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    Repository of Cultural Relics in Zhihua Temple (智化寺文博交流馆)

2006-01-27 09:37

Main attractions: The oldest music in Beijing originating over 500 years ago, soothes the soul as you enter this temple-turned museum. The Jing music in the temple was listed as one of China's national Oral & Non-Material Heritages this month.

The temple was built in 1444 by Wang Zhen, a eunuch in the Ming Dynasty, who, in charge of protocol and ceremonies in the Forbidden City, spirited court music scores out to his family temple. His thieving helped preserve the ancient music, a combination of court and Buddhist music, to the present day, as monks in the temple passed down the music from generation to generation.

The temple itself is full of historical interest with its black-glazed-tile ceiling, an eight-piece wooden architecture complex (rare in Beijing), and the exquisitely carved nice-level octagonal cupboards, each with five drawers for storing Buddhist scriptures. The cupboard is the oldest in Beijing, much older than those on show at the Summer Palace and the Yonghe Lamasery.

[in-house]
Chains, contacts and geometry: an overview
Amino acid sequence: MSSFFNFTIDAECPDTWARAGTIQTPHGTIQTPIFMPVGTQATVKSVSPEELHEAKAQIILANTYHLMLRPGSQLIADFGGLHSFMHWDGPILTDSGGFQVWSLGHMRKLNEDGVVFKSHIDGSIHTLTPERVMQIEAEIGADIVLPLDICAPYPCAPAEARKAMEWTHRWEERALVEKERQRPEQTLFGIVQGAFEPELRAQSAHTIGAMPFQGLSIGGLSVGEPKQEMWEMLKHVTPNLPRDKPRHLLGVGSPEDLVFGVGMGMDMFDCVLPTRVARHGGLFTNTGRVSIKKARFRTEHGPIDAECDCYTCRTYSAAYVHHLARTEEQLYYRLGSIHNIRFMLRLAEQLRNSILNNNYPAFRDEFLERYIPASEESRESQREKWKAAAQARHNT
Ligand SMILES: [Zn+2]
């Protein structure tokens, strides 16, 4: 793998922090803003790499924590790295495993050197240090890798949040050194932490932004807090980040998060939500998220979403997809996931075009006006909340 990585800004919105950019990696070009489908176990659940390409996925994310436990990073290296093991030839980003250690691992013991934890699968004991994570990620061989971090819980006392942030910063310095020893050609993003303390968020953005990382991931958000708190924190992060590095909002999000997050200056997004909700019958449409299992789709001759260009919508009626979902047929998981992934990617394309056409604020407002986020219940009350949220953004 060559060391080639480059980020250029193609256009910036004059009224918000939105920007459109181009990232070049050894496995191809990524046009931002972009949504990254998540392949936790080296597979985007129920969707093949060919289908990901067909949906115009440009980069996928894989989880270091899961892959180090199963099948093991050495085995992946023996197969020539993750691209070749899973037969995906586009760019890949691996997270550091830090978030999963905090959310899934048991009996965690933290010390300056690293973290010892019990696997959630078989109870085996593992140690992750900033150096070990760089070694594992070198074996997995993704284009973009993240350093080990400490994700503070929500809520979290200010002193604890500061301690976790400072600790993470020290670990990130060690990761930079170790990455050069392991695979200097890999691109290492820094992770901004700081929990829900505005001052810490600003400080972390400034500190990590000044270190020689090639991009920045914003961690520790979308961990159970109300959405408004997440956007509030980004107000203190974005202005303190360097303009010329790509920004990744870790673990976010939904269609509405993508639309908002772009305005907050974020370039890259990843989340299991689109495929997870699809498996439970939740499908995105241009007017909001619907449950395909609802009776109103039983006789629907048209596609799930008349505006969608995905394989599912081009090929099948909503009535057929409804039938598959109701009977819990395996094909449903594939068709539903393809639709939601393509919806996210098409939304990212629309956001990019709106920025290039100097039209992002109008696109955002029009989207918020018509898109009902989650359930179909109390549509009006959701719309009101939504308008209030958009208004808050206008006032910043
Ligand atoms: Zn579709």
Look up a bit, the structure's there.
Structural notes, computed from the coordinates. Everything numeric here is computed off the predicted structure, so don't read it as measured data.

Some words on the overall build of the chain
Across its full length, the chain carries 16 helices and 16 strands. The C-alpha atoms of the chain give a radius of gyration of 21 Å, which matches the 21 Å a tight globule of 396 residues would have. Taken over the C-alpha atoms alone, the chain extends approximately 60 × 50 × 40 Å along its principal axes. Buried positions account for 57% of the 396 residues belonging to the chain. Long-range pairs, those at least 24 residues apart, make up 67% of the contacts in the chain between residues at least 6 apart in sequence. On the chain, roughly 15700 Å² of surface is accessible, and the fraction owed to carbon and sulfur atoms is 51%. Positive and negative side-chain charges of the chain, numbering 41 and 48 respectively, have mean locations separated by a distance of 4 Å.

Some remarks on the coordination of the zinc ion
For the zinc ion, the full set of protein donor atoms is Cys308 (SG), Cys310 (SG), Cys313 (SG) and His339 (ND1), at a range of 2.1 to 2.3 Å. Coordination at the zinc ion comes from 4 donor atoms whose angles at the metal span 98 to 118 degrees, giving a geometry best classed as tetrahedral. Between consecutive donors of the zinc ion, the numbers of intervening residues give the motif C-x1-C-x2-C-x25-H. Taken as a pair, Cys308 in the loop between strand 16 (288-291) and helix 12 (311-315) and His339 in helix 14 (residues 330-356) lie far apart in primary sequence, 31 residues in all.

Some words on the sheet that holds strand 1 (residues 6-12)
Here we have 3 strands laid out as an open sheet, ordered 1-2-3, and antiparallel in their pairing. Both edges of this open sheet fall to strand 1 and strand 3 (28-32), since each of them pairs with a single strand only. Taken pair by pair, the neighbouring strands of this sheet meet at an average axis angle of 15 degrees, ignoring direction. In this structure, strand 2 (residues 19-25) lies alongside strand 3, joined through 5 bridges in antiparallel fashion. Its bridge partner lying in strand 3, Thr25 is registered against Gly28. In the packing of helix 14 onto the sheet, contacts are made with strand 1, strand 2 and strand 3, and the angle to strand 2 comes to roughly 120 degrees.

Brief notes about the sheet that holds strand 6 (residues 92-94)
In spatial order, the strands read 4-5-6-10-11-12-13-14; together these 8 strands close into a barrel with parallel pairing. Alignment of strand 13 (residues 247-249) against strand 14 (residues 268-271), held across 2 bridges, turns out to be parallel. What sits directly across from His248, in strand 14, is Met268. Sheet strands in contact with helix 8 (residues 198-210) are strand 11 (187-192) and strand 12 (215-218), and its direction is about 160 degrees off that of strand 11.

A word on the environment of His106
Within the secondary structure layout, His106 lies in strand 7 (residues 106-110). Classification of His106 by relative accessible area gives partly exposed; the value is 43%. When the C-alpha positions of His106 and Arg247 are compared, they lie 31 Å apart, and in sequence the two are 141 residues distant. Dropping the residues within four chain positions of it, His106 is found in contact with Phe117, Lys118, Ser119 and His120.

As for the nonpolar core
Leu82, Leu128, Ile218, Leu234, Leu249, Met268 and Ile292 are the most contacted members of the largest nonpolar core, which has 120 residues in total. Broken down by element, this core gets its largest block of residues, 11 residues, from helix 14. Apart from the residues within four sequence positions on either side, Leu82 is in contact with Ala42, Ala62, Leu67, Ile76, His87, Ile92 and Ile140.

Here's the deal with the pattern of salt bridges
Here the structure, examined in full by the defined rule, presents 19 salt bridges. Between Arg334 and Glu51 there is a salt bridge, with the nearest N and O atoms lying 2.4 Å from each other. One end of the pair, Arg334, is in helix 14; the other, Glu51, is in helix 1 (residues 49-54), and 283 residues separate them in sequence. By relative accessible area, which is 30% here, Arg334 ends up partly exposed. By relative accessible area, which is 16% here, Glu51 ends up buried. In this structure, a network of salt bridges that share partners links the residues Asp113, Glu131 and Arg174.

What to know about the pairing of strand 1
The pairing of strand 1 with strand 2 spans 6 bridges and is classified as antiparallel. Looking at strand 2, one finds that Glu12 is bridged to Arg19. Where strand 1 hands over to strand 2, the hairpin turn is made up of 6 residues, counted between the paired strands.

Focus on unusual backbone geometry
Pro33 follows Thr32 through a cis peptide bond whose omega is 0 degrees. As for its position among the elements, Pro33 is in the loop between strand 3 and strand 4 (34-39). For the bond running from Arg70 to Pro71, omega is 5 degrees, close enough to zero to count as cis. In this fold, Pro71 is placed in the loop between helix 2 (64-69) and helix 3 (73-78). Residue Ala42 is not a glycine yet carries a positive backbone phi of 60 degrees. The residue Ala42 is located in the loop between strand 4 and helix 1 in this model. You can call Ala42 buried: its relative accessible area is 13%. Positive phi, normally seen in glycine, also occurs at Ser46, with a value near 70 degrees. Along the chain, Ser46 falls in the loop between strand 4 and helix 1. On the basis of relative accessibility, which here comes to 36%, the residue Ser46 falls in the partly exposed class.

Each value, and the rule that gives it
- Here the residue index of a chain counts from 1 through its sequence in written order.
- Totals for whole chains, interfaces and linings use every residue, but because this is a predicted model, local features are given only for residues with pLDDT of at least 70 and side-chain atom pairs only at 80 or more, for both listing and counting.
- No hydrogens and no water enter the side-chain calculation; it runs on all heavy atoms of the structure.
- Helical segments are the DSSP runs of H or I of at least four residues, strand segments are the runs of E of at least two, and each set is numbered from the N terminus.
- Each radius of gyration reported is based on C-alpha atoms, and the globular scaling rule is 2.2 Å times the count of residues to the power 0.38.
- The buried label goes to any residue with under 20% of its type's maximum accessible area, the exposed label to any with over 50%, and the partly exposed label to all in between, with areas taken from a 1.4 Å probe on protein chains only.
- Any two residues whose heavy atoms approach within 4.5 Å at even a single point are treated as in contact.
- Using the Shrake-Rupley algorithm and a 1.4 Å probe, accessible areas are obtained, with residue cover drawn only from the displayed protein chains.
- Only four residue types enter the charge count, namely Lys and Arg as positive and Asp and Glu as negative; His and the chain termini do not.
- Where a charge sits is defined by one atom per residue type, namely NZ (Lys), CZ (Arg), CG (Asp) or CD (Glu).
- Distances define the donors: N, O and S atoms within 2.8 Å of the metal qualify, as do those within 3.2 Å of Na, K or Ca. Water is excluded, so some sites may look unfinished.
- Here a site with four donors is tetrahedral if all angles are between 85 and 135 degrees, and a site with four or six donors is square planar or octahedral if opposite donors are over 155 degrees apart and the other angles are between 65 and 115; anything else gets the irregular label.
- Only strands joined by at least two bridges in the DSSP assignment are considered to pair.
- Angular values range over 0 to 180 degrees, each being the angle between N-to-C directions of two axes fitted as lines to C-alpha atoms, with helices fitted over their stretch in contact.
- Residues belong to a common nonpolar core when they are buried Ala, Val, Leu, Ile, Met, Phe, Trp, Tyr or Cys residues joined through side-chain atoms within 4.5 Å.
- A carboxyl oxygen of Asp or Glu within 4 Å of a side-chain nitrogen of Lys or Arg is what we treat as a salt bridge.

Besides the temple itself there are currently two temporary exhibitions, one displaying Buddhist images, the other a collection of ebony sculptures by an artist from Sichuan Province.

+Eye catchers: The museum's architecture is beautiful, its layout spacious and is brought to life by the pear flowers on the trees in spring.

But the real joy is the music, performed four times a day (9, 10, 11 am, 3 pm) by devotees, who learned to play the hard scores from the last resident monk, Zhang Benxing, who is now over 80.

Child-friendly activities include regular tie-dye cloth classes, and the rubbing of music score inscriptions from stone tablets. There is more fun to be had climbing the steep wooden stairs to the museum's highest point -- Wan Fo Ge (Ten Thousand Buddhas Tower), to get a great view of the hotchpotch architecture of modern Beijing.

In the Great Mercy Hall ancient musical instruments are on display and are close enough for you to touch, in fact visitors are encouraged to do so. There is also a touch-screen computer, with which you can choose to listen to different Jing works.

Digital audio tour guides can be rented for five yuan (with ID and 100 yuan as deposit). Besides Chinese, there are six languages to choose from: English, French, German, Japanese, Korean, and Spanish.

-Pity: Some of the beautifully carved sunk panels on the ceilings were pulled down for sale overseas in 1930, and are now kept in a museum in the USA.

Ticket: 20 yuan (US$5) for adults, 10 yuan(US$1.2) for students with ID card.

Time: 9 am to 4:30 pm (except Mon)

Address: 5 Lumicang Hutong, Dongcheng District.

To get there: Take bus 713 to get off at Lumicang, head south to enter Lumicang Hutong to go eastward, or take bus T2, 44, 750, 800, 810, 820 to get off at Yabaolu, take Jinbaojie Street, then turn right (north) to enter Xiaopaifang Hutong, then left to Lumicang.

Tel: 6528-6691

(China Daily 01/27/2006 page19)


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